Biltrix Redefined 2

I’m a philosopher at heart. If I had to label myself as a philosopher — “What are you, a Thomist, Platonist, Kantian, Heideggarian…?” — I’d end up like this guy:

Liturgical Logic

Biltirix has become kind of a mashup. (And this is a restart, as of 12/16/2019). What began as “Cultural Apologitics for the New Evangelization” became a thelological-scriptural-philosophical-liturgical-logical… blog.

To simplify, we’re calling it “liturgical logic” and here is what we mean by that.

My first love in Philosophy was Aristotle, the Father of Logic. The logic of Aristotle, however, is not the logic of liturgy. The logic of liturgy is the logic of analogy, and that’s a messy field, but if you’re really in the mood for some Medieval pedantry, here’s a dose of it for you: Medieval Theories of Analogy, @ Stanford Encyclopedia of Philosophy (only the best!). Finally, the kind of logical analogy we’re interested in is the type you are probably most familiar with, i.e., the simile/metaphor or the extended version of the analogy commonly called allegory.

My approach to interpreting, understanding, and living the life of the Church, is to dive in and meditate on the allegory of Scripture presented in the readings for the Mass throughout the liturgical year.

As I mentioned, this is a restart (as of 12/16/2019). I plan to build up numerous examples in my blog posts to make it very clear what we mean by liturgical logic. In the meantime, I’ll share a couple of my favorite sources I’ve used and recommended to teach Sacred Scripture, Liturgy, and Sacraments to high school and college students as well as Adults wanting to learn more about or grow deeper in their knowledge of the Catholic Faith.

In Understanding the Scriptures, Scott Hahn does an excellent job engaging the reader and providing the tools to interpret the story of Salvation History in the Bible. It’s masterfully written so that young and adult students can grasp and put to use the key concepts he teaches for understanding the Scriptures. For our purposes, we would like to draw attention to his presentation on the senses of Scripture, which are the literal sense and the spiritual sense. The spiritual sense is subdivided into three distinct aspects: the moral, allegorical, and anagogic (a big fancy word meaning “the eternal perspective”). So all together we can treat them as “the four senses of Scripture.” Hahn emphasizes that while we must try to understand the literal sense first, the moral, allegorical, and anagogic senses are indispensable keys to unlocking the full meaning of the text. Here, we will give due consideration to all of these aspects when presenting the connections between liturgical readings on any given Sunday. The one we will spend more time unpacking will usually be the allegorical sense.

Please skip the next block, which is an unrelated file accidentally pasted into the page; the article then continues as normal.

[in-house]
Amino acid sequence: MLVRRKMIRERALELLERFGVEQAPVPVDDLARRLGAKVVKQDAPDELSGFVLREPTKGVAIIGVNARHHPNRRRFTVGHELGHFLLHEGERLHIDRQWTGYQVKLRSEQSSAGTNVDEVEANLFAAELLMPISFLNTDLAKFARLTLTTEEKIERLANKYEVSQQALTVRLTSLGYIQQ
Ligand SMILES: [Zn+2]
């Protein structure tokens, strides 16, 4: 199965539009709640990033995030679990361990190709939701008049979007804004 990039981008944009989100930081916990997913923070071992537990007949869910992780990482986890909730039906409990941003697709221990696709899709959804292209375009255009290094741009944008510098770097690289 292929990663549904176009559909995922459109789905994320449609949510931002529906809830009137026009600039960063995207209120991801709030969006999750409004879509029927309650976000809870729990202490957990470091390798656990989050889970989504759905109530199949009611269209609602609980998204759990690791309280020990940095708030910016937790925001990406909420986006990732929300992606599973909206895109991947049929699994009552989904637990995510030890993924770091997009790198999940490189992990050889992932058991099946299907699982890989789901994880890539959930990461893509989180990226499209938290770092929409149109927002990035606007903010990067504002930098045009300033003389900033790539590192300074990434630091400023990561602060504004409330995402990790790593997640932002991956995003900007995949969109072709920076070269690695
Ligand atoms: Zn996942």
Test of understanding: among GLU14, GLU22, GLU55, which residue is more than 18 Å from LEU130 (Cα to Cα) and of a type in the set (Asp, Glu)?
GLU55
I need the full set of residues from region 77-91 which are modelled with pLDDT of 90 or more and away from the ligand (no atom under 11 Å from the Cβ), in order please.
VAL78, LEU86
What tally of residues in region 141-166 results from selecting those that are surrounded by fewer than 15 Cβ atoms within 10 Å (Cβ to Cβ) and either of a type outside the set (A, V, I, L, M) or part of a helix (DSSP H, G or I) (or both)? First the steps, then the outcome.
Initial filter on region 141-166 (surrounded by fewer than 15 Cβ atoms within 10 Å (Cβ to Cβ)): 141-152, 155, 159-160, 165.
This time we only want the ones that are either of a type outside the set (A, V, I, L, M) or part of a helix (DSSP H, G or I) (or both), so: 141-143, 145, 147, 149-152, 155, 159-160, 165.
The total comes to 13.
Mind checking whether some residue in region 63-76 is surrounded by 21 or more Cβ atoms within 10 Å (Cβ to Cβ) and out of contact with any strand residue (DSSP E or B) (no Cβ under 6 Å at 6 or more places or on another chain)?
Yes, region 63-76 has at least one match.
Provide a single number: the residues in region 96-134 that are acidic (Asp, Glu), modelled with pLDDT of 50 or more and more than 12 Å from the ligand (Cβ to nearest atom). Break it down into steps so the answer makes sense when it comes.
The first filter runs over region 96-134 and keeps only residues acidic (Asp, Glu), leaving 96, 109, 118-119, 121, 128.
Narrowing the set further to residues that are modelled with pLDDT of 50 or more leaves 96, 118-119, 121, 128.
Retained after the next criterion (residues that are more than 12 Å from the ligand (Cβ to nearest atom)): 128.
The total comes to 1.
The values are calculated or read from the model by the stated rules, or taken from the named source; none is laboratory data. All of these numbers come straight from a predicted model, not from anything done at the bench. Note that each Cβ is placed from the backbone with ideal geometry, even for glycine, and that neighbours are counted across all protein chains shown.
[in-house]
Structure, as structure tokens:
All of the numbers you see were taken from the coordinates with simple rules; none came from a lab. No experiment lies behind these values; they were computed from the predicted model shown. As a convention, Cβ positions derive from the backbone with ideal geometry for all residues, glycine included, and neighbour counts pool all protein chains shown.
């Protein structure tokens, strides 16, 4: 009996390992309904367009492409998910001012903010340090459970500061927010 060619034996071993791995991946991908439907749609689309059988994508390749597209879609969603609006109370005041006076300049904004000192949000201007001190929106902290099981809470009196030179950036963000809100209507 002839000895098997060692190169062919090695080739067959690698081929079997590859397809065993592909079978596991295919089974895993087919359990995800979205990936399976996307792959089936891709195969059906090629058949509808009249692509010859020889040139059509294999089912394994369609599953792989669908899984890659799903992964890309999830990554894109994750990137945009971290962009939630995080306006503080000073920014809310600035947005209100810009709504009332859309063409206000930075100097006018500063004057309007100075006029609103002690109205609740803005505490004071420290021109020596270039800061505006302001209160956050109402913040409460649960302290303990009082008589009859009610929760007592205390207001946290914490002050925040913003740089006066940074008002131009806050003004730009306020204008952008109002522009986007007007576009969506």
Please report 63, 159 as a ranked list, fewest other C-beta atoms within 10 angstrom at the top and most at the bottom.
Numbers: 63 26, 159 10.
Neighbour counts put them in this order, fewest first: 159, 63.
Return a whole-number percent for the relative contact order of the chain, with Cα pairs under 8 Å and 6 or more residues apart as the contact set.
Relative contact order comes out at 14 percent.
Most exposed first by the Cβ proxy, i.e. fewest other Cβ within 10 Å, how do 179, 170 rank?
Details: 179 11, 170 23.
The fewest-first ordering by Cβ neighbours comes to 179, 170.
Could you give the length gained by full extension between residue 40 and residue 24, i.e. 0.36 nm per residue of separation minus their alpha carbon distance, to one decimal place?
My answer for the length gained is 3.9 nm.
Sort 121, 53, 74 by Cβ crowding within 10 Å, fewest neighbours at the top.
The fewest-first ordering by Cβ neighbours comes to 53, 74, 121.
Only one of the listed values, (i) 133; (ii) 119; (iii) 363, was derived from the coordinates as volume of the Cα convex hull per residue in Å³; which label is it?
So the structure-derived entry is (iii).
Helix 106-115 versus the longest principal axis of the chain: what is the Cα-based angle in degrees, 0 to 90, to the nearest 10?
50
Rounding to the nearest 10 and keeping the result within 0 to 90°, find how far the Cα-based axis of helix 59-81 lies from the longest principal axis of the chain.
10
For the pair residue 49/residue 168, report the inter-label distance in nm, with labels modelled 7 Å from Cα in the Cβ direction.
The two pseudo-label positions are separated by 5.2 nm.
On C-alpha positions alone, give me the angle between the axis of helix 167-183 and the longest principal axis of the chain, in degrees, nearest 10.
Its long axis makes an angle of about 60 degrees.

The Bible Project videos present a range of topics related to reading and interpreting the Scriptures. They cover every book of the Bible in picture board format and also treat various groups of books in the Bible thematically. My favorite videos deal with word studies that delve deeper into the Hebrew philology. Clear and simple, yet deep and enriching, each video is aimed at enabling the layperson to study and pray with the Scriptures with confidence. Videos are short enough to watch in under 10 minutes. CAVEAT: they are binge worthy. You could spend hours watching these videos, though in my opinion, it would be time well spent leaning about the word of God. Here’s a sample of what I’m talking about.

My desire is to cover the readings for Sundays and Solemnities throughout the liturgical year and share some insights based on the four senses of Scripture, focusing mainly on the allegorical sense, to make some connections between the Gospel and the other readings for that day, within the context of their respective Liturgical Season.

And because I know myself well enough to know that I can’t help myself, I might as well just say it now. Every once and a while, I might get off topic and show a bit of my quirky side, like this guy…

Yep, We’re Back.

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